AdSense Changing Publisher Revenue Share Structure


Google announced that it is changing how it pays AdSense publishers, no longer paying per click and switching to exclusively paying on a per impression model.

The announcement assures publishers that the amounts publishers receive should remain the same for most publishers.

Google explained that these changes will go into effect in early 2024.

A blog post on the AdSense blog advised publishers that they are making two changes:

  • Revenue-share structure will be updated
  • Publishers will be paid by impression

According to AdSense, publishers have pocketed 68% of the ad revenue.

Payments under the new payment structure should, according to AdSense, result in publishers receiving “about 68% of the revenue.

The announcement shared the reasons for the change:

“Previously, the Google AdSense network processed fees within a single transaction.

We are now splitting the AdSense revenue share into separate rates for the buy-side and sell-side.

For displaying ads with AdSense for content, publishers will receive 80% of the revenue after the advertiser platform takes its fee, whether that be Google’s buy-side or third-party platforms.

For example, when Google Ads purchases display ads on AdSense, Google Ads will retain on average 15% of advertiser spend.”

In the above example, Google takes a cut of about 15% of the fee paid by the advertiser.

In the case of an advertiser spend of one dollar, Google Ads keeps about 15 cents, with the remaining 85 cents going into the AdSense side.

Of the remaining 85 cents, Google AdSense takes a cut of 20% (equal to 17 cents) out of the 85 cents (the amount that is leftover after Google Ads took 15 cents as their fee).

In the above example, Google AdSense takes 17 cents and the publisher gets to keep the other 80% (of 85 cents), which equals 68 cents.

Google shared an image showing how this works:

Screenshot of an illustration showing how the new AdSense revenue share structure works

New AdSense Pay Per Impression Pay Structure

Google AdSense assures publishers that the new pay structure will not affect the type of ads shown on publisher websites nor the amount of ads shown.

The blog post explained:

“In addition to updating our revenue-share structure, AdSense will soon transition from primarily paying publishers per click to the display industry standard of paying per impression.

This update will provide a more uniform way for paying publishers for their ad space across Google’s products and third-party platforms, helping them compare with other technology providers they use.”

Publisher Reaction

AdSense publishers who post on WebmasterWorld tend to be wary of changes made to the AdSense program.

A discussion in the WebmasterWorld AdSense forum showed a mix of skepticism and hope.

Wait and See

On WebmasterWorld some publishers cautioned to wait and see before making assumptions about the outcome for publishers.

Other publishers posting on the AdSense Forum on WebmasterWorld were skeptical of Google’s motives, writing:

“I think the bottom line is it will make more money for Google, or they would not be making the change.”

Revenue Share Might Be Bad For Users And Advertisers?

Someone else shared that the pay per impression structure might incentivize publishers to put more ads on a page to show more impressions.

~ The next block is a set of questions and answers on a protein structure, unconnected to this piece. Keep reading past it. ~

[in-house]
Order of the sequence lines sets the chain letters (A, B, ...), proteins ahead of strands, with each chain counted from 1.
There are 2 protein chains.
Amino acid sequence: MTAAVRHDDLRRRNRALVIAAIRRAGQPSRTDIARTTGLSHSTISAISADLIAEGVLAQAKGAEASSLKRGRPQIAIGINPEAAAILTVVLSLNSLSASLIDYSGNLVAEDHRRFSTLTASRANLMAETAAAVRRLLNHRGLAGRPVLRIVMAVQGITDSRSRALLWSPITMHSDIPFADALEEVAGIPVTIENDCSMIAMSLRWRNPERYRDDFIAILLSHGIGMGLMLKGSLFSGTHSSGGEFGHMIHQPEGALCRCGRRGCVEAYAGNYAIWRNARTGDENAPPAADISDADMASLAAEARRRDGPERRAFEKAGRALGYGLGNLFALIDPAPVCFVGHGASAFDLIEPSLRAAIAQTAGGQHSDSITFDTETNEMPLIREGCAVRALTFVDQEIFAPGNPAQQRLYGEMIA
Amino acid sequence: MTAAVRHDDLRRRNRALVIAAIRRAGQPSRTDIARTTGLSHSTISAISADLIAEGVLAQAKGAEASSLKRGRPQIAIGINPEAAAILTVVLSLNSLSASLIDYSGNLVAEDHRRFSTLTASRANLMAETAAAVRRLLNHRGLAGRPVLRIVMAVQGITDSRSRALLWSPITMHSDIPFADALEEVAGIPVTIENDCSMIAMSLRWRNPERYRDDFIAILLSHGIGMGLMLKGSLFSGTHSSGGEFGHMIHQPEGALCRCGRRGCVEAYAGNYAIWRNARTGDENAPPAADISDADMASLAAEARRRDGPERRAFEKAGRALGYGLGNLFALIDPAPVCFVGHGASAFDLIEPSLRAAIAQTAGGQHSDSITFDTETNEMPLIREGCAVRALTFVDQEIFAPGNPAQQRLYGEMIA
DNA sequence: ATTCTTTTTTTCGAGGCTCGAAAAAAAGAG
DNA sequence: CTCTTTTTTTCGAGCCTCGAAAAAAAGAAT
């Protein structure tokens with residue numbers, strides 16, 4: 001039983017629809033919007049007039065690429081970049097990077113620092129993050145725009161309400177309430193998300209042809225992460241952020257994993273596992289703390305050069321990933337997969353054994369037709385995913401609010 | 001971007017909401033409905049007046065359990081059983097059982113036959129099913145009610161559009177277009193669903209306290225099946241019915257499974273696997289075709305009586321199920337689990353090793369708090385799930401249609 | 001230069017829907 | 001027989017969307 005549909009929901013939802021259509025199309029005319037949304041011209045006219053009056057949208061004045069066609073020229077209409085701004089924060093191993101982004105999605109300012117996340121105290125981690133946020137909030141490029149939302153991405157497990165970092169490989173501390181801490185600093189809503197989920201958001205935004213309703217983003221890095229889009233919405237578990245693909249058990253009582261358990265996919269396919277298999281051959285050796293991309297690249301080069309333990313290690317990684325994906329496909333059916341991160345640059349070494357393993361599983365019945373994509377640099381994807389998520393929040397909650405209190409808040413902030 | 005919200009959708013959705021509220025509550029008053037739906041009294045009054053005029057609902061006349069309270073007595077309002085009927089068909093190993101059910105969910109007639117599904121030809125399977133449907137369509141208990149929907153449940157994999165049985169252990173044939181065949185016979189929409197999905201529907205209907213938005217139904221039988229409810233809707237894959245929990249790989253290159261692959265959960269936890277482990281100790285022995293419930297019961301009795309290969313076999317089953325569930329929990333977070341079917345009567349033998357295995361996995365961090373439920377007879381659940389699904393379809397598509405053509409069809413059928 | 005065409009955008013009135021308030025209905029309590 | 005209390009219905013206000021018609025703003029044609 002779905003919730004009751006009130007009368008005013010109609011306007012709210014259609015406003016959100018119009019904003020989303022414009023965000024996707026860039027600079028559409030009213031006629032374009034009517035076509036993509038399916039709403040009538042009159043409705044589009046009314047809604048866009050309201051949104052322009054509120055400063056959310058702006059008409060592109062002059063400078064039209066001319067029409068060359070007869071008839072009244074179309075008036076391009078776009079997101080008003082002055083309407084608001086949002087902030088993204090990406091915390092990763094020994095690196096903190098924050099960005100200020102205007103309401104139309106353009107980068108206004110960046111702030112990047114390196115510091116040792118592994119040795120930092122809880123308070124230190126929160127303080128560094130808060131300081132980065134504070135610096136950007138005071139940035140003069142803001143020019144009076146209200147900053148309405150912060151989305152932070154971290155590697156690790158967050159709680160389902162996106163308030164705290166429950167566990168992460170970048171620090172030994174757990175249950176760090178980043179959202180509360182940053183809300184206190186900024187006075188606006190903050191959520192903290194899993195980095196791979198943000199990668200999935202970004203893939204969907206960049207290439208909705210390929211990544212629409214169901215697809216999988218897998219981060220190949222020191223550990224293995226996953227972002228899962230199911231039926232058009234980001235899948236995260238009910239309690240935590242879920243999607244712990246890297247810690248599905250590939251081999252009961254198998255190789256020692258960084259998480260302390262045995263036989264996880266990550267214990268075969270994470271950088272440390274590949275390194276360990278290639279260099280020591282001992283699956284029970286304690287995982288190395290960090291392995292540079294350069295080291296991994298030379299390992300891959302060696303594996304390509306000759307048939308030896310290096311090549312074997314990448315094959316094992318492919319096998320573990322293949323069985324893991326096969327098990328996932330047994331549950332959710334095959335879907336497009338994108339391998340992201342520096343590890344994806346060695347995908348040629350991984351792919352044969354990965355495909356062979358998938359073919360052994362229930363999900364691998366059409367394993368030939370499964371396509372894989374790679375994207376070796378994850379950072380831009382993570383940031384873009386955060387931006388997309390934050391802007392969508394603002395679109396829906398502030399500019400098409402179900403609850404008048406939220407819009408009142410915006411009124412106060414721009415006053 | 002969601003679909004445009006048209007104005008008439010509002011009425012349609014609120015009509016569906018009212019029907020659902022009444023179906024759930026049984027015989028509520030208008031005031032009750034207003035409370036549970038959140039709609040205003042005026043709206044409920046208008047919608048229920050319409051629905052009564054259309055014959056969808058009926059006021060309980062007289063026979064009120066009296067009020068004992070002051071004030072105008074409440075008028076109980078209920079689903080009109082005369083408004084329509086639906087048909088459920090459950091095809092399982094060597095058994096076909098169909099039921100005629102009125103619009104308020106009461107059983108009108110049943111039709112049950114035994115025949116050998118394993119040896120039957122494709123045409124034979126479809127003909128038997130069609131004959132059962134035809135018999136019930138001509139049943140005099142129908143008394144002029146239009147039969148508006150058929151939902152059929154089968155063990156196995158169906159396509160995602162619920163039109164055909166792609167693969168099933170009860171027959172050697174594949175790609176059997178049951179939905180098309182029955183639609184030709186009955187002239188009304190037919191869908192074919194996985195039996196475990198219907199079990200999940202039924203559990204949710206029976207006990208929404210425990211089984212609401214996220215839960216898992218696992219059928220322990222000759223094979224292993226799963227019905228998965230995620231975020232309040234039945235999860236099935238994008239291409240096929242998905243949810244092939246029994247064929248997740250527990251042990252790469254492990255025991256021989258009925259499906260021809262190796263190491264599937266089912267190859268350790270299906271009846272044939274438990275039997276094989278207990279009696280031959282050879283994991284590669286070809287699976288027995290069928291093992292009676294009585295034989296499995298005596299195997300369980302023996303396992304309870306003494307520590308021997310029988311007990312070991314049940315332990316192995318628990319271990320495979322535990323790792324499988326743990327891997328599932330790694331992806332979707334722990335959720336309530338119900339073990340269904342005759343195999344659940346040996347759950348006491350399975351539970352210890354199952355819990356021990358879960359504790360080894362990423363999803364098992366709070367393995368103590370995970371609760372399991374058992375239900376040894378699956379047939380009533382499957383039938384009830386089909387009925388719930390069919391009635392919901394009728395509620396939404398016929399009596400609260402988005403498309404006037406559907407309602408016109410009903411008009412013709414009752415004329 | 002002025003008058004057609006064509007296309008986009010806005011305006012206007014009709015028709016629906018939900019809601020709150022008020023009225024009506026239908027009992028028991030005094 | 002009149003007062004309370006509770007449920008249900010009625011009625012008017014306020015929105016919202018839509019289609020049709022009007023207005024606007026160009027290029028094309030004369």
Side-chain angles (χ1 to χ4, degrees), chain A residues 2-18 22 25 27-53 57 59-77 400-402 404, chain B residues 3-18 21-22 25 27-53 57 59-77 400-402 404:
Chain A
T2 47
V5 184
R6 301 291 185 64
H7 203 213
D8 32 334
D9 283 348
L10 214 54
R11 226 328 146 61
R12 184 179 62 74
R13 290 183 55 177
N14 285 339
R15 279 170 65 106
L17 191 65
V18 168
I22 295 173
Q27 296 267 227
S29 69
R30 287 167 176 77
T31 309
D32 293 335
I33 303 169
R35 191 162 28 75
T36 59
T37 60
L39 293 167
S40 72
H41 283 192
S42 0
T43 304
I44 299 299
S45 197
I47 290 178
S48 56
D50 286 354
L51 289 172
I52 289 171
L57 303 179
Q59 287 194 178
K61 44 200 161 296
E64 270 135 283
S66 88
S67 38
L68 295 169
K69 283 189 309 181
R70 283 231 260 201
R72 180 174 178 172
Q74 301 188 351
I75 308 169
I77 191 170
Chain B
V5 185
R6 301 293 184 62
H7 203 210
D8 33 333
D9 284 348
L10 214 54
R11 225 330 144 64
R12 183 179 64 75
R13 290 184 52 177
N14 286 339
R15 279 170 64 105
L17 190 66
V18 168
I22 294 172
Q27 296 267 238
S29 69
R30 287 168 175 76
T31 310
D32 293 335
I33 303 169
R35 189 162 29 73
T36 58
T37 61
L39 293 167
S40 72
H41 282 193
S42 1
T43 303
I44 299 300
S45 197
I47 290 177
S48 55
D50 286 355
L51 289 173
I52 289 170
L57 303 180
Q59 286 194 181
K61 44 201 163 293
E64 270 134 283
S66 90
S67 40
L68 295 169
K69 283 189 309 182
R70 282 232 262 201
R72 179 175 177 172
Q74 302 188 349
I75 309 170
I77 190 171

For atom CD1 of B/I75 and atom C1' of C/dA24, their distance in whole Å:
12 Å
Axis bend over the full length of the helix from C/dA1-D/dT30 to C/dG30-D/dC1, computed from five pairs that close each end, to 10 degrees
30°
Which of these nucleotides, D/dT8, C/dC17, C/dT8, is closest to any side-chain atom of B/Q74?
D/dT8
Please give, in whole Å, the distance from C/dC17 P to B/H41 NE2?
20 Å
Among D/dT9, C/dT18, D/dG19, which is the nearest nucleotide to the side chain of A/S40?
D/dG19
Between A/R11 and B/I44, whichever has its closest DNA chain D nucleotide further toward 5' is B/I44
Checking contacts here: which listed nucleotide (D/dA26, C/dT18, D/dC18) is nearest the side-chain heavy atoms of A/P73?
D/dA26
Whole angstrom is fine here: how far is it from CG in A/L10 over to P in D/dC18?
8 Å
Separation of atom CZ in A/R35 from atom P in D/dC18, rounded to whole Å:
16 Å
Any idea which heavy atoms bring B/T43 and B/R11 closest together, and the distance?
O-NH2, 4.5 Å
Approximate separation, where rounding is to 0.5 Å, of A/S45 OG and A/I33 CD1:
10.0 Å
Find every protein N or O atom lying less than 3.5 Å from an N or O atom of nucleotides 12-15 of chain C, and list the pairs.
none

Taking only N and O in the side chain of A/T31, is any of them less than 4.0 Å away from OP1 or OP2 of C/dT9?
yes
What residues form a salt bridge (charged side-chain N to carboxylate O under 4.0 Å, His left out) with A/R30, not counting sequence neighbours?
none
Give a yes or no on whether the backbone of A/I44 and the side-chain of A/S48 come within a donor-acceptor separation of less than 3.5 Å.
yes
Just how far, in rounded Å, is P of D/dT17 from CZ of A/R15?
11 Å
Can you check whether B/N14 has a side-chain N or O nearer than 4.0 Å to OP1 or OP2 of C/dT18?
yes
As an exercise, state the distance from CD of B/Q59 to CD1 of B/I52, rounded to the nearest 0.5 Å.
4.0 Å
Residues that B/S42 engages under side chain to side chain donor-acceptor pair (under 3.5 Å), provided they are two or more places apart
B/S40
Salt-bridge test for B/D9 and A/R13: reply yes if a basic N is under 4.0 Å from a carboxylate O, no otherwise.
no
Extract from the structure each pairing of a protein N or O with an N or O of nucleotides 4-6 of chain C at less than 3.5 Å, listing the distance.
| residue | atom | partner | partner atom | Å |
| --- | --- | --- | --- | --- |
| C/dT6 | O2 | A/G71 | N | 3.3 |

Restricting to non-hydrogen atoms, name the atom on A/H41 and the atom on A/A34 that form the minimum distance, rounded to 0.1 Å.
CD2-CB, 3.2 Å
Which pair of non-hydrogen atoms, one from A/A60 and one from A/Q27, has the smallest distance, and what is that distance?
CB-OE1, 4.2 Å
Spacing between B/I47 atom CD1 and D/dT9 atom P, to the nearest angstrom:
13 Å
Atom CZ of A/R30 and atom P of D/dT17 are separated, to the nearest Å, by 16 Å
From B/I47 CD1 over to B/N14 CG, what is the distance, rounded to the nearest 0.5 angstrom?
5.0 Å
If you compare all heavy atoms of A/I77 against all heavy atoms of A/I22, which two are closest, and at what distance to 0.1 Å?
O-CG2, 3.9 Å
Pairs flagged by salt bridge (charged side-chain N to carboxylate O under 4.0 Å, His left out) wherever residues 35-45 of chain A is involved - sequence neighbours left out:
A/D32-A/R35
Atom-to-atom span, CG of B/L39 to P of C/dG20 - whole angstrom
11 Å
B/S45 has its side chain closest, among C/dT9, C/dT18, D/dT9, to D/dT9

They also expressed the opinion that some publishers may begin to not care whether the content is good for advertisers or not.

In general, an advertiser depends on audiences clicking an ad and starting or continuing their customer journey and making an purchase.

But if a publisher no longer needs to create content that can lead to a click then this might cause a loss for advertisers.

WebmasterWorld member Andem shared their opinion:

“I have a really bad feeling about this.

My main concern is that we’ve spent a lot of time over the years trying to find an optimal user experience with ad placements and have done really well with such a limited number of ads but pretty good engagement/CTR surrounded by high quality content. Targeting is usually pretty spot on, too.

Are we going to have to switch from a great user experience to just filling up the page with ads without having to think of where they may provide advertiser value?”

Pay Per Impression Might Be Good For Publishers

Another publisher named Skips observed that the change is probably good for Google:

“…this is meant to make more money for Google.

Just because that’s what corporations are for – create money for shareholders in the end of the day.”

Skips nonetheless shared the opinion that moving to a pay per impression model may be better for publishers.

The reason is because some ads simply don’t generate clicks, which means that publishers don’t get paid for showing those ads.

But under the new system the publishers will receive payment for showing those ads, even if nobody clicks on them.

Skips wrote that the change to pay per impression might result in a positive outcome for publishers:

“CPM-based can be a good thing.

Especially, for cases when you are fed cheap ads that tend to have quite low CTR as well – because advertisers with low budgets don’t typically hire professional teams for creating good ads.

So, if we would be given a predictable CPM that would be great – earnings would be predictable and proportional to the work we do by creating content and attracting traffic.”

Skips makes a great point about how pay per impression may work out better that pay per click for some publishers.

Publishers will no doubt keep an eye on revenues once the new system goes into effect.

Read Google’s Announcement:

Updates to how publishers monetize with AdSense

Featured Image by Shutterstock/LADYMAYPIX


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